Turbo Tax allows it to be whatever you like. That seems like a bug to me.

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Re: Capital Losses

Postby Jaunty » 13 Dec 2011 12:53

I was reminded that I should have listed the URL for the page I referred to. The advice is correct and here is the reference.
http://www.cra-arc.gc.ca/tx/ndvdls/tpcs/ncm-tx/rtrn/cmpltng/ddctns/lns248-260/253/menu-eng.html
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Re: Capital Losses

Postby CROCKD » 13 Dec 2011 21:17

From the referenced CRA website page.

The net capital losses of other years generally may be applied against taxable capital gains in the current year


As ltr says, the tax software in question allows you to claim more capital losses than the taxable capital gains in the current year by allowing line 253 to be greater than line 157 and is an obvious bug.
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Re: Capital Losses

Postby Dejavu » 20 Dec 2011 20:16

DW,s TDW sd rrsp acct holds XSP and XIN, which I could sell and trigger 12k in losses and rebuy TDb.911+ tdb.902.
Would this be acceptable by CRA?
Is there still time to complete this year?
Anything I am overlooking?
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Re: Capital Losses

Postby Shakespeare » 20 Dec 2011 20:30

Losses are irrelevant for tax purposes in an RRSP.
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Re: Capital Losses

Postby Peculiar_Investor » 20 Dec 2011 20:33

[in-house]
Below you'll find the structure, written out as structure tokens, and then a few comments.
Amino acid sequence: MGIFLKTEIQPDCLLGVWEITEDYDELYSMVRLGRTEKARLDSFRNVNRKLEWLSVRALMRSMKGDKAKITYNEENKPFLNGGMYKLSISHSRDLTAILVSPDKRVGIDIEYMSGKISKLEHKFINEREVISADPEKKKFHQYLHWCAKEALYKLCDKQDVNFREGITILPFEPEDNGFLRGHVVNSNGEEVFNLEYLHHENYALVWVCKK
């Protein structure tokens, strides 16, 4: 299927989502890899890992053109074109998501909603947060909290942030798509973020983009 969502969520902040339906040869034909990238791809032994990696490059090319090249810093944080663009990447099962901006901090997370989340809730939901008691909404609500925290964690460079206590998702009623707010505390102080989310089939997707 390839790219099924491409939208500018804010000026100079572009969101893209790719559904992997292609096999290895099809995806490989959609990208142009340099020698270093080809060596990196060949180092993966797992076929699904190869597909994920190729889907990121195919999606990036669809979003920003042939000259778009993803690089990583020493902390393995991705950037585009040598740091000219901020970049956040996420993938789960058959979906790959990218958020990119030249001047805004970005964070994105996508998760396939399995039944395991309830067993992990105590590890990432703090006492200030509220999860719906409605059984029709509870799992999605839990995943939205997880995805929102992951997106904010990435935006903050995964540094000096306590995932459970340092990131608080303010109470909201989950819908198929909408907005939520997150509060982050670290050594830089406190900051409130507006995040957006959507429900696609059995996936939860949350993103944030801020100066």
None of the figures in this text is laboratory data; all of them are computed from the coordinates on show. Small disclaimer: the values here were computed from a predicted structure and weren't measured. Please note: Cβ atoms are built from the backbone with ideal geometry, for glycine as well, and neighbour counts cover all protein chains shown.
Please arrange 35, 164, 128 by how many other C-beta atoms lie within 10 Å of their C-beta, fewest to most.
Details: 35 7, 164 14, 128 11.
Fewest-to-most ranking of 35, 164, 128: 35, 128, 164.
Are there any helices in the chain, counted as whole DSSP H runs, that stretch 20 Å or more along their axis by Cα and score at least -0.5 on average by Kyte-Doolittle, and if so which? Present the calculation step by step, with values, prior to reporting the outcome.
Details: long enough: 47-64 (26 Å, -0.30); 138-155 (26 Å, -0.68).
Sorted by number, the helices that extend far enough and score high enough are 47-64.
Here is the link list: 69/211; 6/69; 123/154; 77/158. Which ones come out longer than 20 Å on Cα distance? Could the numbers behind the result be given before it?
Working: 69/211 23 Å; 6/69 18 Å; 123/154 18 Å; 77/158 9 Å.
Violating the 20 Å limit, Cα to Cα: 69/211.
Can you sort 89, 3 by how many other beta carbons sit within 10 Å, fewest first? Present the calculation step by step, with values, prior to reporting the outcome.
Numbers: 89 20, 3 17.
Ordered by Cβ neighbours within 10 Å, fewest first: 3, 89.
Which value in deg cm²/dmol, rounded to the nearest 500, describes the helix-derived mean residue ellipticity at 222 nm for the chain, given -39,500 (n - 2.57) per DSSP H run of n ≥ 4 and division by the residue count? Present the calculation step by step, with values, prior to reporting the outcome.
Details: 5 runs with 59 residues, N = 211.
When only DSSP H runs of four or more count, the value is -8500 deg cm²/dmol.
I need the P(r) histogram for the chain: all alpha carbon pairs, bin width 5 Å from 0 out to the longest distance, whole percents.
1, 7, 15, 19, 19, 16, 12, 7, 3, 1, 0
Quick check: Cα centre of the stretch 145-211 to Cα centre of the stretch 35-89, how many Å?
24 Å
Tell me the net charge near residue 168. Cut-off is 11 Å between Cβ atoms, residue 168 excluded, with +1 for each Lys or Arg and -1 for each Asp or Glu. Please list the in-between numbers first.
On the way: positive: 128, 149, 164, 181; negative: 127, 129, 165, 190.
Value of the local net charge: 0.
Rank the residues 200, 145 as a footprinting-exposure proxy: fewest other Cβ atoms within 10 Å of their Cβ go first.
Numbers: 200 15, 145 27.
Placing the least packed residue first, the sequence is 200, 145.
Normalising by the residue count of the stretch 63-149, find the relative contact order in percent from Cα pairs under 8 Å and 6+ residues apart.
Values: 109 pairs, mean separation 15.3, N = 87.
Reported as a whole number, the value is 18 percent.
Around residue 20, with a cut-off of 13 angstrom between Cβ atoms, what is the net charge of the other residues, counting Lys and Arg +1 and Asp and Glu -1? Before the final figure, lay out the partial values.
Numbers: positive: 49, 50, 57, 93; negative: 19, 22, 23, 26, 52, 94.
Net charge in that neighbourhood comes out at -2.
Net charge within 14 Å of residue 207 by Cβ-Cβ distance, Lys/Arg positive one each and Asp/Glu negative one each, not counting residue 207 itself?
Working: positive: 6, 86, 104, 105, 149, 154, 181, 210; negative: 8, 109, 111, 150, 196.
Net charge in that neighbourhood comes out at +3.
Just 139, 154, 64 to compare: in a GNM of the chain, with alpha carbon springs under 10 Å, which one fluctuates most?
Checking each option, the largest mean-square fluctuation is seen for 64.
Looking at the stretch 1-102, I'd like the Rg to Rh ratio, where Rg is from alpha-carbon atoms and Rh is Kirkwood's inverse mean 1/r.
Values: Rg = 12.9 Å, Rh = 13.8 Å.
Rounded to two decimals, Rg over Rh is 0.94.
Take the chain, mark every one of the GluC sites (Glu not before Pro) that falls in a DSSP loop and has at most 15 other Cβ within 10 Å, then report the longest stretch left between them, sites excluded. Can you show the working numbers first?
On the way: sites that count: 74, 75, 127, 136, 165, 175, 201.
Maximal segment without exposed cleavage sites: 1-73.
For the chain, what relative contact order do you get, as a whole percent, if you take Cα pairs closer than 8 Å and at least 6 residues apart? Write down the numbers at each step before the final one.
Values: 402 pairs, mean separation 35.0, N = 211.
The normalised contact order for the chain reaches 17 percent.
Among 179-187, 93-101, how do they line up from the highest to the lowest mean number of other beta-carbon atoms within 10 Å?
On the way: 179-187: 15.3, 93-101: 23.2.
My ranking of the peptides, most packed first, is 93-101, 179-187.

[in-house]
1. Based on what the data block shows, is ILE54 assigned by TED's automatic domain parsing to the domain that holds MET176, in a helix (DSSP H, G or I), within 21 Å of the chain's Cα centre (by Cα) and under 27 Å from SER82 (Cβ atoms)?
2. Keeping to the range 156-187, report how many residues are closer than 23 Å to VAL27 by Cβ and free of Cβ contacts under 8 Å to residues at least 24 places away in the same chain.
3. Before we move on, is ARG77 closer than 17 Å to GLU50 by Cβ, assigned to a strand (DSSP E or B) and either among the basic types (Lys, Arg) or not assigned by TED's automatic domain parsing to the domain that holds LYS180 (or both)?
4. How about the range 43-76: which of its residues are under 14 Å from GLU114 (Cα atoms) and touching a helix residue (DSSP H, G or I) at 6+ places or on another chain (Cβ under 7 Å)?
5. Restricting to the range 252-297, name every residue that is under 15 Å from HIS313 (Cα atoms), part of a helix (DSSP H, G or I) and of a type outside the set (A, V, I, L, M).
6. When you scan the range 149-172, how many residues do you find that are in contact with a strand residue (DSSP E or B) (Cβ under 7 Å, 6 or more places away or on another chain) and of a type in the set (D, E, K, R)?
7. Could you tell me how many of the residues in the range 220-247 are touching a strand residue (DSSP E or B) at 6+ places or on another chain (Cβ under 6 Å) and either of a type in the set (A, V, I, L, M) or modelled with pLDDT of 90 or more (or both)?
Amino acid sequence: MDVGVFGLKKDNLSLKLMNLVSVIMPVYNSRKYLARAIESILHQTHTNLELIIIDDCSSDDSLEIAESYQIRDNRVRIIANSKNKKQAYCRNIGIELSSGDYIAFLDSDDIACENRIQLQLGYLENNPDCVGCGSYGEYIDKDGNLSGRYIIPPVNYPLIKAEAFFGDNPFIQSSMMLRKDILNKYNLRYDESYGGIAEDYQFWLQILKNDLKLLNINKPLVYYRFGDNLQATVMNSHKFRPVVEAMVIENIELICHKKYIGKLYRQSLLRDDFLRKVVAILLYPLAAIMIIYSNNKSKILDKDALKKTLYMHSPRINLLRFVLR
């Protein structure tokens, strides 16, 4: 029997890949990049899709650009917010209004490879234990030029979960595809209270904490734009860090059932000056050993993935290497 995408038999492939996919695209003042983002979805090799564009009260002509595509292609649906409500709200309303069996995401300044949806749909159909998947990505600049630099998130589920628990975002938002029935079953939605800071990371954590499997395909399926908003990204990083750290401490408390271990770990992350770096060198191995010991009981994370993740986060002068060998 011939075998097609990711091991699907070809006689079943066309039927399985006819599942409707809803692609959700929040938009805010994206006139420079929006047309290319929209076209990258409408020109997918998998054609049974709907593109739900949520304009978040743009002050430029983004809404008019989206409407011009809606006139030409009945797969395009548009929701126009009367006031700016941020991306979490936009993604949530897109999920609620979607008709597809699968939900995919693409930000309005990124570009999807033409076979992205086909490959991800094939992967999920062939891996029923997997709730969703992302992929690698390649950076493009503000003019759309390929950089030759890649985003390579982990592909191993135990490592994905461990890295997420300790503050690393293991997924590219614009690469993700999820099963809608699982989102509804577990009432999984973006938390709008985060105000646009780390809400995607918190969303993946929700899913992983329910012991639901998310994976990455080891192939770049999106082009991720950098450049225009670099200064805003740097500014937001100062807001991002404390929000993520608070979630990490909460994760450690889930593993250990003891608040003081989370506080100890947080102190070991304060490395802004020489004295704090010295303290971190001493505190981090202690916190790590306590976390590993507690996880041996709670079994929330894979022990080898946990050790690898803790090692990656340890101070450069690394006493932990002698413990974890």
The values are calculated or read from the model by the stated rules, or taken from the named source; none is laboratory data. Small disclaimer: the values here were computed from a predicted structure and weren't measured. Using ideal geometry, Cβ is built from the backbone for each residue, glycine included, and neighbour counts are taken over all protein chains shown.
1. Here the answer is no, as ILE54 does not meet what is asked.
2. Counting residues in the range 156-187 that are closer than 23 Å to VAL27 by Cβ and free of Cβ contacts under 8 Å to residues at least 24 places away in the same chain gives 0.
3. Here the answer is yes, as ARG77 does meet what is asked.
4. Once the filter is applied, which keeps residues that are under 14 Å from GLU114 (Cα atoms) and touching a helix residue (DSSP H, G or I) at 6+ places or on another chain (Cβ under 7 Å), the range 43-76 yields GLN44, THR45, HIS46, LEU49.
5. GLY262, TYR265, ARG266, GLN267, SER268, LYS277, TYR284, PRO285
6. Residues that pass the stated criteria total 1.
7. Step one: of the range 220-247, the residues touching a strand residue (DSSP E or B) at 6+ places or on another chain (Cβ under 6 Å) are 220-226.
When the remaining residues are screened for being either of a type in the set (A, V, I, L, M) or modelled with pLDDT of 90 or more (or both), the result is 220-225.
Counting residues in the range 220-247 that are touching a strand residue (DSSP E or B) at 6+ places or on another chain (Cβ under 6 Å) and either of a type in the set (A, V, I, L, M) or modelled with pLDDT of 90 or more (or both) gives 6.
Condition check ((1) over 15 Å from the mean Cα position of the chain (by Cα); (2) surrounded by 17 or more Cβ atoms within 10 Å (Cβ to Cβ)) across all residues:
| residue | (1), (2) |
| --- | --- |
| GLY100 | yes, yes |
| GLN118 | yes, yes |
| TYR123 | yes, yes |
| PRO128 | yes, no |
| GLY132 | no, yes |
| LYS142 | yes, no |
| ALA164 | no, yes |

Capital gains and capital losses cannot be claimed in registered accounts.

As an aside, I find it interesting that T4037 - Capital Gains - 2010 makes no reference to this fact, while T4040 - RRSPs and Other Registered Plans for Retirement 2010 makes only a small reference
Any income you earn in your RRSP is usually exempt from tax for the time the funds remain in the plan. However, you cannot claim a deduction for capital losses within your RRSP.
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Re: Capital Losses

Postby Dejavu » 20 Dec 2011 20:57

Shakespeare wrote:Losses are irrelevant for tax purposes in an RRSP.


Thank you for saving me from an obvious brain fart, Dejavu.
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Re: Capital Losses

Postby CROCKD » 24 Dec 2011 14:16

Apparently Dec 23 was the last day in 2011 to trade stock to claim a Capital Loss ( or Gain) in 2011 because of the 3 day closing time.

As mutual funds settle in one day, can anyone confirm that mutual funds may be traded next week for purposes of capital loss or gains in 2011?
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Re: Capital Losses

Postby adrian2 » 24 Dec 2011 15:02

CROCKD wrote:As mutual funds settle in one day, can anyone confirm that mutual funds may be traded next week for purposes of capital loss or gains in 2011?

It depends where you hold them. In a discount brokerage account, settlement is T+3, so 2011 is closed. If you have a mutual funds only account with the sponsor itself, generally it's T+1 (ING is one exception I know of, using T+3).
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Re: Capital Losses

Postby CROCKD » 24 Dec 2011 15:47

Thanks Adrian. What about a TDWH account holding TD mutual funds.
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Re: Capital Losses